My gut feeling (having used NOTHING but dry yeast for the last year and a half) is that you were on the high end of rehydration temp and killed off some of the yeast. Oh... btw.. the more I read, the more I find out that your yeast slurry temp should be close to your wort temp for optimum take-off of fermentation.

You said you threw 100* yeast slurry into 70* wort. I try not to shock my yeast with such a variance.

If you still have nothing after this long, I'd swirl the carboy and aerate it up a bit. See if that wakes up the yeast that ARE viable.
No, 100° water is perfect for rehydration. You might find this interesting. It's written by Dr Clayton Cone, one of the foremost authorities on yeast, who works(ed?) for Lallemand yeast (makers of the yeast being used by the OP). His research is what led to the rehydration instructions found on the back of every packet of Lallemand yeast.

Quote:
Originally Posted by Clayton Cone
Let me give you some facts regarding rehydration and you can decide for
yourself where you want to compromise.
Every strain of yeast has its own optimum rehydration temperature. All of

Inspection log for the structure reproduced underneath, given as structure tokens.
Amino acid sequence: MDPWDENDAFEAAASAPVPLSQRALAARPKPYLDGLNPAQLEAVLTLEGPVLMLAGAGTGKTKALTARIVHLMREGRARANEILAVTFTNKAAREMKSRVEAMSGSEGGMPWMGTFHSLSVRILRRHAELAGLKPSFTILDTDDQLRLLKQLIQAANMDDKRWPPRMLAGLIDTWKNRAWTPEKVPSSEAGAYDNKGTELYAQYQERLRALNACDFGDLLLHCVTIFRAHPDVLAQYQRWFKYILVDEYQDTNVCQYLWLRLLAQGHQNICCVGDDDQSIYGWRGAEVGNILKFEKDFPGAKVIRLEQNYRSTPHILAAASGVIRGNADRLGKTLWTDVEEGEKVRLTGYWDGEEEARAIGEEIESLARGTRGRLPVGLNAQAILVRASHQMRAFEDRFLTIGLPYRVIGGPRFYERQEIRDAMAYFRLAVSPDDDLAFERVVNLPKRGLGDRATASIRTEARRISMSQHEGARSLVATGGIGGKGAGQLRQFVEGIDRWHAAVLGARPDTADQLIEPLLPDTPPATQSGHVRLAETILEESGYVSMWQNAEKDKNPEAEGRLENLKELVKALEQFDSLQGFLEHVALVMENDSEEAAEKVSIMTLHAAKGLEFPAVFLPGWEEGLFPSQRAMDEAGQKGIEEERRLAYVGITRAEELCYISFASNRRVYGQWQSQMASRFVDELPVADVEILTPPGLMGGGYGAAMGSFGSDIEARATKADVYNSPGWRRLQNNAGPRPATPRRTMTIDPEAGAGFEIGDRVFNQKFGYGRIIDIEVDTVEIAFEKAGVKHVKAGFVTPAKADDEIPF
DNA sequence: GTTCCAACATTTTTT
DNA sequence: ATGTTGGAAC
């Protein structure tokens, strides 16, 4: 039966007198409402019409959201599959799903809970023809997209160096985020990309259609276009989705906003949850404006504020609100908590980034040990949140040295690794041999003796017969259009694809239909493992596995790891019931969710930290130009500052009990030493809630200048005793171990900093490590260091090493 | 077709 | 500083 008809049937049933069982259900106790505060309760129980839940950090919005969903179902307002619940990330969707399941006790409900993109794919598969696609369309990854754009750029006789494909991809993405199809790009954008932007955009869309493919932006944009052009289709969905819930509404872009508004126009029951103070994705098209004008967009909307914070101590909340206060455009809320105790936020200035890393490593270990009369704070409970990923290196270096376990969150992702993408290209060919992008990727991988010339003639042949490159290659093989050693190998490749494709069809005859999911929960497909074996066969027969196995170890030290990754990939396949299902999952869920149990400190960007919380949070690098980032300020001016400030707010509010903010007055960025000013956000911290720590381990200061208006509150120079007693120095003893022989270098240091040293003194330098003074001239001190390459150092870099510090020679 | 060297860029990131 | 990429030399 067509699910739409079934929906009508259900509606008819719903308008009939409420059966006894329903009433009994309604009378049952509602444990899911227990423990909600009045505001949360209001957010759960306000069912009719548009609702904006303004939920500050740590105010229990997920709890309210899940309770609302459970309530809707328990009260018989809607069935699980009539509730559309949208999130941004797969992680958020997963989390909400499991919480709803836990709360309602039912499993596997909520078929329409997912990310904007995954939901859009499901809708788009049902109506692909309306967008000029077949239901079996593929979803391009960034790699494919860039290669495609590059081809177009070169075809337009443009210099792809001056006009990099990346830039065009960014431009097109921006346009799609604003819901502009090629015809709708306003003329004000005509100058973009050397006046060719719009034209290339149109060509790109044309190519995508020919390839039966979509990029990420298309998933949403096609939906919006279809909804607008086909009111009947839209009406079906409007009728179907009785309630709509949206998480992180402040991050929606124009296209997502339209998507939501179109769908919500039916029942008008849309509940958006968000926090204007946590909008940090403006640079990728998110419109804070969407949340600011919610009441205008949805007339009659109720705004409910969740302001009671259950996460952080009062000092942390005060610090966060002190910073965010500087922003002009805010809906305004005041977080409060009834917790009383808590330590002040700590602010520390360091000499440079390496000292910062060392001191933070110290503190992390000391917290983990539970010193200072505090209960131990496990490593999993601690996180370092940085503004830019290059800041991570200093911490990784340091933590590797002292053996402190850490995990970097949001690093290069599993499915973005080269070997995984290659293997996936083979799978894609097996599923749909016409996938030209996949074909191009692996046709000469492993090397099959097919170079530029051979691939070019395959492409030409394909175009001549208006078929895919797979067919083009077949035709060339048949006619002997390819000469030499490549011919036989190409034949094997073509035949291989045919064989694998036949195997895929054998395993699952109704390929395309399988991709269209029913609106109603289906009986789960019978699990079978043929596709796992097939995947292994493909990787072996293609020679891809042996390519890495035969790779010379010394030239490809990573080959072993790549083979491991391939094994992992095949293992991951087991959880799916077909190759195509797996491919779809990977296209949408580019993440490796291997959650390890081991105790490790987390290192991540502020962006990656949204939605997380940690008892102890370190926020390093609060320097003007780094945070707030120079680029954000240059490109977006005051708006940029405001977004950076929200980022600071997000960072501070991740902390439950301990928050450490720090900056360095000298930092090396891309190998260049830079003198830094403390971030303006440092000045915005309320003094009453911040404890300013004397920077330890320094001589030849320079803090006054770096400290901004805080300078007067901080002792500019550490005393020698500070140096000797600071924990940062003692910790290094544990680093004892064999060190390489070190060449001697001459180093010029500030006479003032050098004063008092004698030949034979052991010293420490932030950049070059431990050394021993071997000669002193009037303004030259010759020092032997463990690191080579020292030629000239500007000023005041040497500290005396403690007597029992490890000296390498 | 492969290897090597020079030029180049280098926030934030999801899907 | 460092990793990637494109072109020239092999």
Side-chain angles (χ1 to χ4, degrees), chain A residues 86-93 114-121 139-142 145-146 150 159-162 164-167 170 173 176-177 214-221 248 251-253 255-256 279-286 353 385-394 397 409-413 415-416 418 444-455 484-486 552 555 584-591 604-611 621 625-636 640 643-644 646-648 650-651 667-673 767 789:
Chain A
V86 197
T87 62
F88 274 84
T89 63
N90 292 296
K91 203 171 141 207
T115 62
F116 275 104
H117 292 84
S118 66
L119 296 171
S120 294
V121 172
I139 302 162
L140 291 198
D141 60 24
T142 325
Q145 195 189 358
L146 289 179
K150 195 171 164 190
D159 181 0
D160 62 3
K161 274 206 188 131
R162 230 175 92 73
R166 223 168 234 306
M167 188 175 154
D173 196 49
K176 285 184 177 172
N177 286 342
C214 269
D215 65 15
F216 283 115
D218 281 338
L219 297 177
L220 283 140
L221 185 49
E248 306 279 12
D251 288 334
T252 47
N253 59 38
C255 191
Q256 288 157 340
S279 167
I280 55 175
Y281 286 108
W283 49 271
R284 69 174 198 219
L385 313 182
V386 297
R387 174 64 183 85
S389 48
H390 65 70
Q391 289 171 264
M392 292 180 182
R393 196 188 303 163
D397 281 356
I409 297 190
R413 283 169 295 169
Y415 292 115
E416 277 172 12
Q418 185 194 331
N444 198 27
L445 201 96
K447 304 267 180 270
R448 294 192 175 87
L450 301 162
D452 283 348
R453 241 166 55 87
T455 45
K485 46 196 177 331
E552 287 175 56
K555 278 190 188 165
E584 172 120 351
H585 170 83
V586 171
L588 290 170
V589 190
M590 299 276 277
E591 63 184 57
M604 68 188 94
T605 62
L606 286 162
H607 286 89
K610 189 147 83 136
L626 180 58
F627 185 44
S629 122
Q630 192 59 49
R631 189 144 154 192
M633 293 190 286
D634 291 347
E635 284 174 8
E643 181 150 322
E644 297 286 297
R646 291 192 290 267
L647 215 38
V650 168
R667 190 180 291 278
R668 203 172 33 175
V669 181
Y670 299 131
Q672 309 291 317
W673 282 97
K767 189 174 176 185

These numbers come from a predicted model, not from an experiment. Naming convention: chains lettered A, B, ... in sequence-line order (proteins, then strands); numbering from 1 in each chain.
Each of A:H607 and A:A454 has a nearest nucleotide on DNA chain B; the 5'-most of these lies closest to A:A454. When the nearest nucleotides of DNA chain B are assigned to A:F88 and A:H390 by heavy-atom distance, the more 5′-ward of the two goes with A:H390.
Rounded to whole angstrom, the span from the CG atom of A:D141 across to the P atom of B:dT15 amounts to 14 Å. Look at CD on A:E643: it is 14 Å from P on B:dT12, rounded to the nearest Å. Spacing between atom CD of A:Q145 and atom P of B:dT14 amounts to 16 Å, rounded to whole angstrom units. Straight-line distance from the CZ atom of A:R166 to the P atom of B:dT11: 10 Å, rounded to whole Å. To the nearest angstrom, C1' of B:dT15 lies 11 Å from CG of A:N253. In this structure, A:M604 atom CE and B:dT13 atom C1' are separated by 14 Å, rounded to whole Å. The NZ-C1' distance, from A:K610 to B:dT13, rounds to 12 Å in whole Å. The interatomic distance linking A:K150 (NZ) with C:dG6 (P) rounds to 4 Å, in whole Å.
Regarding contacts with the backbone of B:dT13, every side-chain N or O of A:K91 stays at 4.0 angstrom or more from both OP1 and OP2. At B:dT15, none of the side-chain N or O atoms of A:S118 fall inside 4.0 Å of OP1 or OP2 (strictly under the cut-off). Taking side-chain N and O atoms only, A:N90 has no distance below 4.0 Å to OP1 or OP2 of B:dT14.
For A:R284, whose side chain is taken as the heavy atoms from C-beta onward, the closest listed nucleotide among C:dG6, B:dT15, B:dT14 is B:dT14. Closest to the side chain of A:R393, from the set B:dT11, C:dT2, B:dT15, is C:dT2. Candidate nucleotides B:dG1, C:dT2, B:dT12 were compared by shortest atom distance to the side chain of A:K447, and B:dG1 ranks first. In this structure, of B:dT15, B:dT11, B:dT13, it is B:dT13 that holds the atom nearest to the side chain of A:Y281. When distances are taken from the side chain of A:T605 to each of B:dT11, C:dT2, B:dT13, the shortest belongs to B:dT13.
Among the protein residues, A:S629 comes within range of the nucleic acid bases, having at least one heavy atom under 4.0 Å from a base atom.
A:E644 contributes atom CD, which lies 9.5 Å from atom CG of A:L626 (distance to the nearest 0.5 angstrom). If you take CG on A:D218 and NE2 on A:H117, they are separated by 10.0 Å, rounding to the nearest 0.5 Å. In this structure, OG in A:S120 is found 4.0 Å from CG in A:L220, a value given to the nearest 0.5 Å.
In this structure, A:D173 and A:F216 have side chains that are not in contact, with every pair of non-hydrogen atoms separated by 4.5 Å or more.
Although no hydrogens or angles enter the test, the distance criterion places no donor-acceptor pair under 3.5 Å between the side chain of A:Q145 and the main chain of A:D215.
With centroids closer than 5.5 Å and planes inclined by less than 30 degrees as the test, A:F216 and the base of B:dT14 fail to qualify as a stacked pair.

them range between 95 F to 105F. Most of them closer to 105F. The dried
yeast cell wall is fragile and it is the first few minutes (possibly
seconds) of rehydration that the warm temperature is critical while it is
reconstituting its cell wall structure.

As you drop the initial temperature of the water from 95 to 85 or 75 or 65F
the yeast leached out more and more of its insides damaging the each cell.
The yeast viability also drops proportionally. At 95 – 105 F, there is
100% recovery of the viable dry yeast. At 60F, there can be as much as 60%
dead cells.

The water should be tap water with the normal amount of hardness present.
The hardness is essential for good recovery. 250 -500 ppm hardness is
ideal. This means that deionized or distilled water should not be used.
Ideally, the warm rehydration water should contain about 0.5 – 1.0% yeast
extract

For the initial few minutes (perhaps seconds) of rehydration, the yeast
cell wall cannot differentiate what passes through the wall. Toxic
materials like sprays, hops, SO2 and sugars in high levels, that the yeast
normally can selectively keep from passing through its cell wall rush right
in and seriously damage the cells. The moment that the cell wall is
properly reconstituted, the yeast can then regulate what goes in and out of
the cell. That is why we hesitate to recommend rehydration in wort or
must. Very dilute wort seems to be OK.

We recommend that the rehydrated yeast be added to the wort within 30